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1-800-333-6228
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TT/TTY 1-800-745-5555


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LifeWatch

Identity Theft Defense: Report, Recover, and Retain

We are without a doubt living in a technologically driven world. Communication is now dominated by technology, particularly through the internet and over the phone. Emails, text messaging, and instant messaging have transformed the way we exchange information. We can now pay bills, view our financial information, get credit reports, and apply for loans and mortgages using the telephone and more recently over the internet.

Sensitive information gets transferred daily, usually securely, over the internet. Scams and frauds are out there, however, and identity theft is a very real problem in our lives today. We hear horror stories about stolen social security numbers, credit card numbers, and bank account information. If someone stole your identity, would you be prepared to deal with it? Here are some prevention tips, as well as information and resources which will be helpful if you think you’ve been the victim of identity theft.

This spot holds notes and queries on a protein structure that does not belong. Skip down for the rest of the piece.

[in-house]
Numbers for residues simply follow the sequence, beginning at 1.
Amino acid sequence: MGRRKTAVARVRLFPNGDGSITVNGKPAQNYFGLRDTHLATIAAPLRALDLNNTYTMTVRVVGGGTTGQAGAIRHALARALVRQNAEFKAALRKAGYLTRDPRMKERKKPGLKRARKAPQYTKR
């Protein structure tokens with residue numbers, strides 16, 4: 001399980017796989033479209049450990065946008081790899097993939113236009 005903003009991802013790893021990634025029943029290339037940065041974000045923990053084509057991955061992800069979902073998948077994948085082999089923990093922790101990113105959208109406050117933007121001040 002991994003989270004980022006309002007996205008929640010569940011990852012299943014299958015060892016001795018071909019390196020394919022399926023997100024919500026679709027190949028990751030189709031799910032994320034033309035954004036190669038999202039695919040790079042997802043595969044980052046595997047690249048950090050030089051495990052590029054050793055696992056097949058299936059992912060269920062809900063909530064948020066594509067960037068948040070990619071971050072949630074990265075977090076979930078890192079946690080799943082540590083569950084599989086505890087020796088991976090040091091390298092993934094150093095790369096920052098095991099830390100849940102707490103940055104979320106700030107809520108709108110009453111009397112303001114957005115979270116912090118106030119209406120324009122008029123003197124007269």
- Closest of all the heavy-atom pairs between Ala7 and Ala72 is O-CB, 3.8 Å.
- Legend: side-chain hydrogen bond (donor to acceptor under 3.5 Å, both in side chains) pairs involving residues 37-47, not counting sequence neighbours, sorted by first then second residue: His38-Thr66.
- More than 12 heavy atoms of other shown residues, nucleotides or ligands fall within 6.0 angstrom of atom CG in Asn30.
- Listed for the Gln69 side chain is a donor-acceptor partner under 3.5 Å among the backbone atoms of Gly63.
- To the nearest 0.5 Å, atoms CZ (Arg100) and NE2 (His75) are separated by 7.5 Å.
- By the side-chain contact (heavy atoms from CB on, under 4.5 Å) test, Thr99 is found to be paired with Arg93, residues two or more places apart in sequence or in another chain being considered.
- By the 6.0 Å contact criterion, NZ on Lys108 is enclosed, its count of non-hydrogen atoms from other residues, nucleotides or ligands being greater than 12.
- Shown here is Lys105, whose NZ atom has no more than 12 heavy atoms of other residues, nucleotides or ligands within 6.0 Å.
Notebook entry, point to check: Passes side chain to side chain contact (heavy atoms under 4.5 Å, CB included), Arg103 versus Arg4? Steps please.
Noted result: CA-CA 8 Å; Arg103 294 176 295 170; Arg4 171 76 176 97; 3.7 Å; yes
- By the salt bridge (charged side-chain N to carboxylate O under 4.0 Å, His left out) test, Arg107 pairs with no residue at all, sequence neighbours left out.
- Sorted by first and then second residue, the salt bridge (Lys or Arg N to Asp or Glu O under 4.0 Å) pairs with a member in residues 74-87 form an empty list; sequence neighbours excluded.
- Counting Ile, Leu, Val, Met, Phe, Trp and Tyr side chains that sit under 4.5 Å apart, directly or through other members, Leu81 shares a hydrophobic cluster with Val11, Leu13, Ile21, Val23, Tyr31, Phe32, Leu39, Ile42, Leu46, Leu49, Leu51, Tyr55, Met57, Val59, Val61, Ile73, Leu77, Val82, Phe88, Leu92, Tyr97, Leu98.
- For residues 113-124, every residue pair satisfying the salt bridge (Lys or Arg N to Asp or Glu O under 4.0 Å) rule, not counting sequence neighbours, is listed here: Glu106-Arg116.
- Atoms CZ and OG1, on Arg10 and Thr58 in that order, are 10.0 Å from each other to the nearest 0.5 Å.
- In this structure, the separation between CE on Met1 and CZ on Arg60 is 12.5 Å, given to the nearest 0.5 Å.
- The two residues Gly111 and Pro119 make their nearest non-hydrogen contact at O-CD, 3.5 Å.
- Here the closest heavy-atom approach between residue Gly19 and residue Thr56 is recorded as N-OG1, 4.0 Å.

The best defense is a good offense:

  •  When keying in PIN numbers and/or passwords, whether in your office, at a store or at an ATM kiosk, be mindful of those standing around you. If you suspect someone trying to read your info over your shoulder, stop the transaction.
  • Be wary of ATMs with more than one card slot or a sign (no matter how official looking) instructing you to use the machine in any way that is out of the ordinary. A second card slot may be a device installed by an identity thief to record your personal information. When in doubt, use another ATM.
  • Keep personal copies of all banking information. Banks are required to retain these records for five years, but having them at your fingertips in your own personal files can prove helpful when reporting identity theft.